4. Cross-default provisions in relation to AT1 and Tier 2 capital instruments
- APS 111 Attachments E paragraphs 19 and 36, and Attachment G paragraphs 19 and 35;
- APS 222 paragraph 16(b);
- GPS 112 Attachments C paragraph 12 and, E paragraph 11;
- LPS 112 Attachments C paragraph 12 and E paragraph 11.
4.1: What is required of an issuer in relation to the cross-default clauses requirement contained in the relevant prudential standards?
Under the relevant prudential standards, the issuer needs to ensure that there are no cross-default clauses in the documentation of any debt instrument or other capital instruments of the issuer that link performance of the issuer’s obligations under a capital instrument to default by the issuer, or another party, under any of its other obligations.
It is not sufficient to simply state that there are no cross-default clauses contained in the capital instrument being assessed as this statement does not cover clauses in other instruments. Difficulties arising with performance of any obligations under a capital instrument must not lead to default on other debt or capital obligations. For purposes of APRA’s assessment of the eligibility of a capital instrument, confirmation of this can be provided by the issuer as part of the statement of compliance referred to in 1.2 above.
For ADIs, these provisions on cross default clauses are in addition to the general prohibition on cross default clauses involving related entities set out in APS 222.
5. Incentives to redeem AT1 and Tier 2 Capital instruments
- APS 111 Attachments E paragraphs 6, 23, 24 and G paragraphs 6, 22, 23;
- GPS 112 Attachments C paragraphs 1(e), 4, 5 and E paragraphs 1(e), 4, 5;
- LPS 112 Attachments C paragraphs 1(e), 4, 5 and E paragraphs 1(g), 4, 5.
5.1: What is considered an incentive to redeem under the relevant prudential standards?
Under the relevant prudential standards, AT1 and Tier 2 capital instruments cannot contain step-ups in interest rates or other incentives to redeem. APRA considers the following provisions as examples of incentives to redeem, in addition to those specifically identified in the standards:
- APRA considers mandatory conversions and options for investors to require a conversion (other than in relation to unanticipated changes of control) incentives to redeem. However, conversions where there is a minimum of 2 years from the date the issuer may call the instrument to the date the conversion may be exercised are not considered incentives to redeem. APRA has concerns that an impending exercise of such options may trigger a pre-emptive redemption, repayment or repurchase by the issuer.
- In certain circumstances minimum and maximum interest rates can act as a step-up and therefore are considered by APRA to be incentives to redeem.
- An option to redeem (as opposed to automatic conversion) following a change of control event is also considered by APRA to be an incentive to redeem.
5.2: When is a change in the reference rate used in calculating the distribution rate not regarded as an incentive to redeem? (Updated December 2021)
A change in the reference rate used in calculating the distribution from one type of rate to another type of rate (e.g. from a fixed rate to a floating rate, or to a different fixed rate basis) on an AT1 or Tier 2 capital instrument may not be regarded as an incentive to redeem where the issuer ensures that there is no amendment to the margin over the reference rate. For example, a sufficient condition for a change to be acceptable is if the margin associated with the initial rate at the time the instrument is priced and the margin applying during the subsequent new rate period are the same. In each case, the margin needs to be measured relative to a current reference rate with the same tenor as the period for which the rate is being set, and assuming no change in the basis.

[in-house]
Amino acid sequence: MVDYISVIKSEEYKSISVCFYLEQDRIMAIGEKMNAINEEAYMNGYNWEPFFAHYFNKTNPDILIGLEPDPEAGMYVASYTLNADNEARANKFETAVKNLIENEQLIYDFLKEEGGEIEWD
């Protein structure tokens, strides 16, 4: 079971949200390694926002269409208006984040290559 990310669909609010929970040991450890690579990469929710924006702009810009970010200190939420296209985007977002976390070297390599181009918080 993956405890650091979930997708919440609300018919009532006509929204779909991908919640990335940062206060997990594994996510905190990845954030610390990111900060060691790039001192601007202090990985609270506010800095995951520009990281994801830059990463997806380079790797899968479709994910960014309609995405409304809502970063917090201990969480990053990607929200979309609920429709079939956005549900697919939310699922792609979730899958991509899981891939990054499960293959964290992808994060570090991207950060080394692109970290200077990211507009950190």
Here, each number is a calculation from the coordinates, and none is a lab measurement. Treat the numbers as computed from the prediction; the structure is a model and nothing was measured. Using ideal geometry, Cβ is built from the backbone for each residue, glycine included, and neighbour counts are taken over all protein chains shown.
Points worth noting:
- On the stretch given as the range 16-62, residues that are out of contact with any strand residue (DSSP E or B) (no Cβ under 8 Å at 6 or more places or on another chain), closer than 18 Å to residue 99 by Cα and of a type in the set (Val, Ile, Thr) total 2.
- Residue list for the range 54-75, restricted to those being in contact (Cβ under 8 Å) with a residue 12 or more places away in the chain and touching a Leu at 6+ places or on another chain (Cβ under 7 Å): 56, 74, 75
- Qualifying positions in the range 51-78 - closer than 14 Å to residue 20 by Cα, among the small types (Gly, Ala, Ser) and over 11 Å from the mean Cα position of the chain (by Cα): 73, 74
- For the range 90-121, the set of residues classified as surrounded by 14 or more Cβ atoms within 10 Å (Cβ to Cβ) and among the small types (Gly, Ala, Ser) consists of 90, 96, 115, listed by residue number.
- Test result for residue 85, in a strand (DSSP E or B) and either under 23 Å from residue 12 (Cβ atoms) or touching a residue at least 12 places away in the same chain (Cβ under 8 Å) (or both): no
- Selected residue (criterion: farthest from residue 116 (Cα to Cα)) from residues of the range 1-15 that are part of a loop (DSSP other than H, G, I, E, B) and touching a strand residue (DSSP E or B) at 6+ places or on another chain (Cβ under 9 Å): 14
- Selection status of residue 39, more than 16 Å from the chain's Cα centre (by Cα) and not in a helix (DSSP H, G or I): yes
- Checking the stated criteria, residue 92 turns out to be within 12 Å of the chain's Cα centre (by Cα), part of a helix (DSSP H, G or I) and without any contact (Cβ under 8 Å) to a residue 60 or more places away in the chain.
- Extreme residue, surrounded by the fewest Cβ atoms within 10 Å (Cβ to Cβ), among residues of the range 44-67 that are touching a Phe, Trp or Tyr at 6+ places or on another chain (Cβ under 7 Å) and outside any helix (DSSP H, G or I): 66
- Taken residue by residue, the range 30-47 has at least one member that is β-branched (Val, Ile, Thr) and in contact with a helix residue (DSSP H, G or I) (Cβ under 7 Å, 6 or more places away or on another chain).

APRA also expects that the type of credit risk underlying the reference rate will not change e.g. it will always be a relevant bank swap rate, or always a government bond/note rate.
Terms providing for the use of replacement reference rates and margins following the termination of the specified reference rate used to set the distribution rate may create an incentive to redeem at the time of implementation. Such terms should generally provide that the replacements are subject to no objection from APRA at the time of the change.
5.3: Is it appropriate for an entity to redeem a capital instrument and replace it with a similar capital instrument, but with a higher margin? (Added December 2021)
As a general rule, APRA does not consider it appropriate for an entity to redeem a capital instrument and replace it with a capital instrument of the same category of capital with a higher margin on the same underlying reference rate. For example, this would include an increase in margin due to a change in the credit quality of the entity as indicated by an external credit assessment institution; or a change in market conditions. In any such circumstances, the issuer would need to satisfy APRA as to the economic and prudential rationale and that such an action will not create an expectation that other instruments will be called in similar circumstances.
6. Optional Redemption of AT1 and Tier 2 capital instruments
- APS 111 Attachments E paragraphs 7, 26 and 27 and G paragraphs 7, 25 and 26;
- GPS 112 Attachments C paragraphs 1(f), 7 and E paragraphs 1(f), 7;
- LPS 112 Attachments C paragraphs 1(f), 7 and E paragraphs 1(f), 7.
6.1: What criteria apply to a call in respect of a tax event or a regulatory event? (Updated December 2021)
Under the relevant prudential standards, an AT1 or Tier 2 capital instrument may only provide for a call within the first five years of issuance as a result of a tax or regulatory event. APRA expects a tax event or a regulatory event, after which an instrument may be called, to be: